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Brian Greene

Columbia University

Brian Greene is a professor of mathematics and physics at Columbia University, author of "The Elegant Universe: Superstrings, Hidden Dimensions, and the Quest for the Ultimate Theory" (2003) and host of NOVA's "The Elegant Universe" (2003).

Brian Greene appears in the following:

The Trouble with Everything

Thursday, June 13, 2013

The desire to trace your way back to the very beginning, to understand everything -- whether it's the mysteries of love or the mechanics of the universe -- is deeply human. It might also be deeply flawed.

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Falling

Monday, September 20, 2010

We plunge into a black hole, take a trip over Niagara Falls, and upend some myths about falling cats.

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Taking the Plunge

Three stories that upend our pre-conceived notions about falling:

3. Falling Cats: David Quammen ponders the terminal velocity of a plummeting cat, teaches Jad a new word, and helps clear up some fallacies of feline physics.

4. Constantly Falling: Brian Greene explains why he can't answer the most basic question you can ask a physicist: "why do we fall?"

5. Falling Fortunes: Garrett Soden and Joan Murray introduce us to the 20th Century's greatest "gravity hero"--who, despite being the first person to survive a trip over Niagara Falls in a barrel, ultimately landed in a poorhouse.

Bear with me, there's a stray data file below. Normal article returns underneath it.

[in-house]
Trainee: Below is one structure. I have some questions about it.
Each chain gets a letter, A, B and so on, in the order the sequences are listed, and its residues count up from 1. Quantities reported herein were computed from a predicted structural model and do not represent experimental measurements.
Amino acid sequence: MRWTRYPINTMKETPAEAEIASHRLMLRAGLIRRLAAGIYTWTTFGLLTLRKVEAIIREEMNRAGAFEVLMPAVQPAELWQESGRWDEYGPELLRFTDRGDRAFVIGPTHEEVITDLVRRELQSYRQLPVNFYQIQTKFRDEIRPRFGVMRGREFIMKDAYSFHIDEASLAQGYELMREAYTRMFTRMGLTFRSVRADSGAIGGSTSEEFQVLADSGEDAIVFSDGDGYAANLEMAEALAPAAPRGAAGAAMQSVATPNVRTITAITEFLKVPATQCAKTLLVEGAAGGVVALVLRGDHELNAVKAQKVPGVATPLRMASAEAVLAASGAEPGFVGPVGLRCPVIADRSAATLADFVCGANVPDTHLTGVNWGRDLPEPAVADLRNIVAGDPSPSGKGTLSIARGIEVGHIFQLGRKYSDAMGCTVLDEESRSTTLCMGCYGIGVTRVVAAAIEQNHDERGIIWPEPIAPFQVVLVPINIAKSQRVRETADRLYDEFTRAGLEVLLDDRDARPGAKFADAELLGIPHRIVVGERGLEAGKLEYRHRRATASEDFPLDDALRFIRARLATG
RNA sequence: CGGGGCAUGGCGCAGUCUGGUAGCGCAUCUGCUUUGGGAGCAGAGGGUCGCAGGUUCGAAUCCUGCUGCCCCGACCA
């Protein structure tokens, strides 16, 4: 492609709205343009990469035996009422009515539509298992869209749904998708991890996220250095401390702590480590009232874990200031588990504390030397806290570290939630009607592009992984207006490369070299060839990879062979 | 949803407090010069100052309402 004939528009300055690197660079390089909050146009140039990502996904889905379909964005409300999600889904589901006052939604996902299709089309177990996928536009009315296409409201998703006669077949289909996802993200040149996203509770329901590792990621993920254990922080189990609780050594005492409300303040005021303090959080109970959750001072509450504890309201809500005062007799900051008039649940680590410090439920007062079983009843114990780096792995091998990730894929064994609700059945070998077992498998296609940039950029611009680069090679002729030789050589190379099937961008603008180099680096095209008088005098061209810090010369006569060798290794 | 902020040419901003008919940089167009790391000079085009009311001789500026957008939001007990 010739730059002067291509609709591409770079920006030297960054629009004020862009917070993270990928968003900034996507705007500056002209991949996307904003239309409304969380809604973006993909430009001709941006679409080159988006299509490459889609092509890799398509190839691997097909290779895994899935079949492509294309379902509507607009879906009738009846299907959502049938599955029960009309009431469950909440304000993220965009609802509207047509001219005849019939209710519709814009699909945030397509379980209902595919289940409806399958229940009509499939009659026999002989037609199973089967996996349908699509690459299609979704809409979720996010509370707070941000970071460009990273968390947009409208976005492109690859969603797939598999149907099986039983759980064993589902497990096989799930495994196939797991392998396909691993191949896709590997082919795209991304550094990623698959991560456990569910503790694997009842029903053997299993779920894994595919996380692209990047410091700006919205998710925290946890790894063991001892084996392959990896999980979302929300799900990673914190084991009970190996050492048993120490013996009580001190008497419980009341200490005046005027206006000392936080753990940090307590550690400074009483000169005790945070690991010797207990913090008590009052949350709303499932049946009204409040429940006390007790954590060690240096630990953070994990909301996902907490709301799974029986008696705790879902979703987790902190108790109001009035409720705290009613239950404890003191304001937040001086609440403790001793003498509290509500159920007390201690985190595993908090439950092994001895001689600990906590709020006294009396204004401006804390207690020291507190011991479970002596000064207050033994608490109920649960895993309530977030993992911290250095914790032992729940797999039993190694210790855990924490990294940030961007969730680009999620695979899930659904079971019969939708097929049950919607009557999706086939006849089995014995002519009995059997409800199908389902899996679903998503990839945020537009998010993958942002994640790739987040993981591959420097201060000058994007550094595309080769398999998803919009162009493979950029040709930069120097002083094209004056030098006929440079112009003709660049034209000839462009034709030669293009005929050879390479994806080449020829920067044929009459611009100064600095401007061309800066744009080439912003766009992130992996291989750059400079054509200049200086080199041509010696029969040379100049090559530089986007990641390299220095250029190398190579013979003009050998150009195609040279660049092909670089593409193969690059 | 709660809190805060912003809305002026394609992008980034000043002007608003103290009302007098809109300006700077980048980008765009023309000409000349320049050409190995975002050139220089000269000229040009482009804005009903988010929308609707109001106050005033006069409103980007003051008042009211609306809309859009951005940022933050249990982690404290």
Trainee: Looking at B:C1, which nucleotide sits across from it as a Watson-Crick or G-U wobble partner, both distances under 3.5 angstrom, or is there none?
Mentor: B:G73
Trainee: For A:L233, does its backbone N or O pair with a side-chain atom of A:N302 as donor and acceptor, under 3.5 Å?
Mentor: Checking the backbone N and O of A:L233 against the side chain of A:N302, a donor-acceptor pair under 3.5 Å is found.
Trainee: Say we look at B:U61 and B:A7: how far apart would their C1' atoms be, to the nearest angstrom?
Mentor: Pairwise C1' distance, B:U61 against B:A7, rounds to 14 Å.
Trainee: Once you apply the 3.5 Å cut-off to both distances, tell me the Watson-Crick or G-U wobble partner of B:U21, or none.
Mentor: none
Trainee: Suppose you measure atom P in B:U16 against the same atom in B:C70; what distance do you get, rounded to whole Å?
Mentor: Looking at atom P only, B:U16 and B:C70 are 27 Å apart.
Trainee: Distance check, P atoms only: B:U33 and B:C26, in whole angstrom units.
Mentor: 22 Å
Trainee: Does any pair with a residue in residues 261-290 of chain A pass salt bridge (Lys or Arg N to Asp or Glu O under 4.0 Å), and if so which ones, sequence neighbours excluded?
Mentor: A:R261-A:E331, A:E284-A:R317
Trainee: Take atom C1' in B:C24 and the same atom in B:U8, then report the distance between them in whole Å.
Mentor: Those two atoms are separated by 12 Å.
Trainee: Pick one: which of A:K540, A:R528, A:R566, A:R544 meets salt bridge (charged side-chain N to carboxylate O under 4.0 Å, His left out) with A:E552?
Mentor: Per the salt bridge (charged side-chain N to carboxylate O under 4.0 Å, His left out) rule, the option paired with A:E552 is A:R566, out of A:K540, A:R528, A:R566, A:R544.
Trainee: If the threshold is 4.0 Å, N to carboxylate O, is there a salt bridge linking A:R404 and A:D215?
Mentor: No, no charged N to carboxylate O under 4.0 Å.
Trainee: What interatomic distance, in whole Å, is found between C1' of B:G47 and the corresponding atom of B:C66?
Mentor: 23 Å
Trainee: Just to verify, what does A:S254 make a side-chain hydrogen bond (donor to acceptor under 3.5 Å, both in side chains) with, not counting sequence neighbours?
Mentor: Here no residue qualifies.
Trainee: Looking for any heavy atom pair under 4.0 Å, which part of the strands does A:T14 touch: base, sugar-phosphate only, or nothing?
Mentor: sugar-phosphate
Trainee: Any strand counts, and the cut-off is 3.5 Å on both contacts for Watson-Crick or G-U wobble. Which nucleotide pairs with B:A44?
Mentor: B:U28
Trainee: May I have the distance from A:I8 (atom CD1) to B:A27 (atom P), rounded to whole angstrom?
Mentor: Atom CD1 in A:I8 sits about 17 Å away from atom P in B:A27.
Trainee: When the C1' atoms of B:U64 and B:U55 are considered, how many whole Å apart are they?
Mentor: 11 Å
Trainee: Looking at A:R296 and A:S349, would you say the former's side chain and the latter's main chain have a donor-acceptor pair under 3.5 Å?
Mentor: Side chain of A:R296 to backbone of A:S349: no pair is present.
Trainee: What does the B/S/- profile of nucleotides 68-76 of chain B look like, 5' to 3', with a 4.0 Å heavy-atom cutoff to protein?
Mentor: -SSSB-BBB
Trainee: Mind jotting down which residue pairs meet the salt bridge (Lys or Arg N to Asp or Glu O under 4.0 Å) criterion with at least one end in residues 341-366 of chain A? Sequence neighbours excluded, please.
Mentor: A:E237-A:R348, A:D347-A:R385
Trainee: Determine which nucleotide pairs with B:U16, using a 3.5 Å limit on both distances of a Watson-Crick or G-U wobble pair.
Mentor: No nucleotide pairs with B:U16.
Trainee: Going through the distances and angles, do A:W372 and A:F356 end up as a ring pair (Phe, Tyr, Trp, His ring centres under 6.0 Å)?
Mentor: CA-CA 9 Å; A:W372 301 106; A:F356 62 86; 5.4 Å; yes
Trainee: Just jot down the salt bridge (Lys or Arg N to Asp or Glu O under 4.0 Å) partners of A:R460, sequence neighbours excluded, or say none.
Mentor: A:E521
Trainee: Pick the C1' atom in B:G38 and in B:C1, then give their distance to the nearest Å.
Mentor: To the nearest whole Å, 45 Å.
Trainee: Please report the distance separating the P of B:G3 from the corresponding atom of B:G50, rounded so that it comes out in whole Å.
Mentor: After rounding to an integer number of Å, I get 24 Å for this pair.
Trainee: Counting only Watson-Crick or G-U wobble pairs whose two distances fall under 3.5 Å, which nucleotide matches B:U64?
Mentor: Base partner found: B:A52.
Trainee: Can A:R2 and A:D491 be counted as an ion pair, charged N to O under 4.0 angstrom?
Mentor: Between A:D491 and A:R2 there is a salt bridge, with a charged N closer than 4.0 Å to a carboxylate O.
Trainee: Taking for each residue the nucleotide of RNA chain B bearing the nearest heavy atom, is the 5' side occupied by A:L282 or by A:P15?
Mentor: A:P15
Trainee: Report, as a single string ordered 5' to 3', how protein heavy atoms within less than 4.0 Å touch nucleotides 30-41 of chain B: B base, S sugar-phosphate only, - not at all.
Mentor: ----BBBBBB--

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Space

Monday, October 22, 2007

We ponder our insignificant place in the universe, and boldly go after stories of romance & cynicism in Outer Space.

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No Special Now

It's not only artists who rebel against time, many physicists too take issue with our standard notion of clock time. Some even deny time exists at all. Blame Einstein. We peer into Pandora's box of post-Einsteinian physics with Brian Greene, Michio Kaku and Lisa ...

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Beyond Time

Tuesday, July 24, 2007

Fighting the inevitable march of time -- or at least the common sense view of it.

Comments [36]

Time

Tuesday, May 29, 2007

The strange, subjective nature of time -- from a sped-up spin through childhood, to a really, really slowed-down Beethoven symphony. 

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